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Different types of sugar in white bowls with teaspoons

How much sugar should I eat?

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If you've found the latest advice confusing, you're not alone. We asked nutritionist, Marilyn Glenville, to shed some light on the sugar debate.

Q: How much sugar a day is a safe amount?

A: Current recommendations state that added sugar should make up no more than 5% of our daily calorie intake. The current World Health Organisation guidelines suggests for adults this is no more than seven teaspoons or cubes (30g) a day. A single teaspoon of sugar is roughly 4g, so you can see how easy it is to reach that amount.


Food packaging doesn’t make it easy to determine how much refined sugar there is in something, so it’s tricky for the consumer to calculate how much they’re eating.

Make sure you check the ingredients list and look out for sugar in all its different ‘ose’ guises. An investigation in 2010 actually found some cereals contained as much sugar as a doughnut, so it really is worth paying attention to the different brands we buy.

Q: How many pieces of fruit is it advisable to have a day?

A: Eating two to three pieces of fruit a day is fine, though try to have some nuts and seeds alongside your fruit. The protein and fat in nuts help slow the absorption of sugar into the bloodstream and provides longer lasting energy.

Vegetables have very good nutritional value and don’t affect blood sugar levels as much as fruit. However, for someone trying to cut back on refined sugars, fruit is great for weaning yourself off sugary snacks and onto healthier alternatives. Fruit juice is different as all the fibre is lost during processing, so the sugar is very rapidly absorbed into the bloodstream.

Certain fruits such as apples and berries raise blood sugar less than the tropical ones, like mangoes and pineapple, which have a naturally higher fruit sugar content. The sugar content in dried fruit is also more concentrated because of the absence of water.

Q: Is there an ideal number of fruit and veg that you’d recommend we eat each day?

A: In certain countries the amount is actually split out into five veg and two fruit – the ideal ratio in my opinion – though the more vegetables the better!

Current NHS guidelines are to aim for five-a-day.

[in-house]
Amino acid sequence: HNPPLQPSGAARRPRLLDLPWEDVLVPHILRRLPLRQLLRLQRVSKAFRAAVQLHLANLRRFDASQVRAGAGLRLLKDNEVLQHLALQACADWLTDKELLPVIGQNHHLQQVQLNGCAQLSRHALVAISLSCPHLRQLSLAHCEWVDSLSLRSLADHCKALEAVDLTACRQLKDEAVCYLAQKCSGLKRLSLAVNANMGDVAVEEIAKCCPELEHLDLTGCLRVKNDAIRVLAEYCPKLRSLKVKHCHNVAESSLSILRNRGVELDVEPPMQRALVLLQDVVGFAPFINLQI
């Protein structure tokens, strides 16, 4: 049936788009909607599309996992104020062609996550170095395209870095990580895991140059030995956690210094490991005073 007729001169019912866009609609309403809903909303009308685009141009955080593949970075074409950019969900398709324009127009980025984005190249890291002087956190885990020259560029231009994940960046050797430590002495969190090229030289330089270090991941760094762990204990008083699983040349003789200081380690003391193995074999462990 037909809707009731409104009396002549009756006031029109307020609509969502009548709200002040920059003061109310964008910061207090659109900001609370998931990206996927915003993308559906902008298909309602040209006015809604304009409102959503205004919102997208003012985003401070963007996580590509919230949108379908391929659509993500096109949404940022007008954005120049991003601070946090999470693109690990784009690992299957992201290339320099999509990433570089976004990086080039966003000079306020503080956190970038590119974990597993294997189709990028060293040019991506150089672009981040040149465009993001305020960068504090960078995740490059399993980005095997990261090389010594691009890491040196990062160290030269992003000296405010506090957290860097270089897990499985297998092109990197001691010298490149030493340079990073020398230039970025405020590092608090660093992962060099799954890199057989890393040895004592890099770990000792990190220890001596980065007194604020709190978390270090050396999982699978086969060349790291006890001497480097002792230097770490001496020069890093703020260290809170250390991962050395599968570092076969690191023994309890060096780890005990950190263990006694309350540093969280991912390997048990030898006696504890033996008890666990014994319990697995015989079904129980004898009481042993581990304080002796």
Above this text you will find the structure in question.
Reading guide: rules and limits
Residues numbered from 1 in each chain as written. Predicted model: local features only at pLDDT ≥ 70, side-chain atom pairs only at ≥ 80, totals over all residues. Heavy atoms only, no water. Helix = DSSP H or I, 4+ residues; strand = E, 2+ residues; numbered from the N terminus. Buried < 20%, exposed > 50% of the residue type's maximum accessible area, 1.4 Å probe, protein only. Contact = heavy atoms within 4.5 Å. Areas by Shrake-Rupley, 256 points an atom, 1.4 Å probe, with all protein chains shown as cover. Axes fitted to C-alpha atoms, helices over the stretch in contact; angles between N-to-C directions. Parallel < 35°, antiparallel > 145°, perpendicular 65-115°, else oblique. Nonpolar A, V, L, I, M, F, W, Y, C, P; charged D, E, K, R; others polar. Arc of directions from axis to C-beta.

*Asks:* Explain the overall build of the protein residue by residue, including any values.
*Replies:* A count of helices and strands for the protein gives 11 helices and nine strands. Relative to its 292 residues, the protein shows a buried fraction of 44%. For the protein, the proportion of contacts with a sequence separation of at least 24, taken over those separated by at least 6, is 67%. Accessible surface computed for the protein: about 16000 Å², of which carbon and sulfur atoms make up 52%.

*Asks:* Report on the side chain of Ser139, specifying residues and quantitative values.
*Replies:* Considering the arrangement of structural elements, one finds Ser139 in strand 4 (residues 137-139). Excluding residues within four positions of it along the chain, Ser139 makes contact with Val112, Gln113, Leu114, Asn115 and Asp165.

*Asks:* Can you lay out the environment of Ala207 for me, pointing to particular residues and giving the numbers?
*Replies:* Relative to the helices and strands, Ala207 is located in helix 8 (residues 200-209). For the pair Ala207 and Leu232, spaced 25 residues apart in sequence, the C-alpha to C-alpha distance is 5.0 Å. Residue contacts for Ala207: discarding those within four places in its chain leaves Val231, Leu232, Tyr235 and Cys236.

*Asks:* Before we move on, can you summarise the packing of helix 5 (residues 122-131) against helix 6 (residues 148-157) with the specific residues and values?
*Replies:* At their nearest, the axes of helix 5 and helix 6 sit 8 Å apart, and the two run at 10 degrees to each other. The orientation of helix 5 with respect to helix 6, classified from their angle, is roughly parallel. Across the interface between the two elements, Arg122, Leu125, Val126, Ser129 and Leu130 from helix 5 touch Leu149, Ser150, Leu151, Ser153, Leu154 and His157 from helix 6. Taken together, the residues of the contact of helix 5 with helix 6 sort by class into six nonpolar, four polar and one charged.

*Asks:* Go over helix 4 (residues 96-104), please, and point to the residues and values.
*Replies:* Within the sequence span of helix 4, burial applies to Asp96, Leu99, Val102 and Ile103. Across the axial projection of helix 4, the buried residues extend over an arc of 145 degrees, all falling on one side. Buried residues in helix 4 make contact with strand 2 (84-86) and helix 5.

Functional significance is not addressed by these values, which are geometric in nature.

Q: Are there any short-term signs that you’ve been eating too much sugar?

A: If you’ve been eating too much sugar there are a few things to look out for. Low blood sugar is when you’ll experience withdrawal-like symptoms and you may experience dizziness, irritability, light-headedness, tension and anxiety. This is how the sugar cycle is perpetuated, as you’ll then crave something sweet to help you feel better.

The way to avoid this is to eat little and often. Avoid sugary quick fixes and opt for low-GI foods instead.

Q: What are your top three tips for sugar and diet?

A: My three top tips would be...

1) Read the ingredients part of labels and look for all forms of sugar.

2) Make sure you eat good quality food little and often – so, breakfast, lunch and dinner with a mid-morning and afternoon snack, if you feel you need one.

3) Where possible, eat starchy carbohydrates with a protein because it will lower the GI of that food, plus sustain energy and stop cravings.

Like this? Now read...

10 things you should know before giving up sugar
Why is sugar bad for me?
How to eat a balanced diet
All you need to know about sugar
Our favourite lower sugar recipes
Low-GI dinner recipes

This article was last reviewed on 23 June 2022 by Kerry Torrens.

Dr Marilyn Glenville is a leading nutritionist specialising in women’s health. She is the former President of the Food and Health Forum at the Royal Society of Medicine, a registered nutritionist, psychologist, author and popular broadcaster. Visit her website and events page to find out more.

Kerry Torrens BSc. (Hons) PgCert MBANT is a Registered Nutritionist with a post graduate diploma in Personalised Nutrition & Nutritional Therapy. She is a member of the British Association for Nutrition and Lifestyle Medicine (BANT) and a member of the Guild of Food Writers. Over the last 15 years she has been a contributing author to a number of nutritional and cookery publications including BBC Good Food. Find her on Instagram at @kerry_torrens_nutrition_

All health content on is provided for general information only, and should not be treated as a substitute for the medical advice of your own doctor or any other health care professional. If you have any concerns about your general health, you should contact your local health care provider. See our website terms and conditions for more information.


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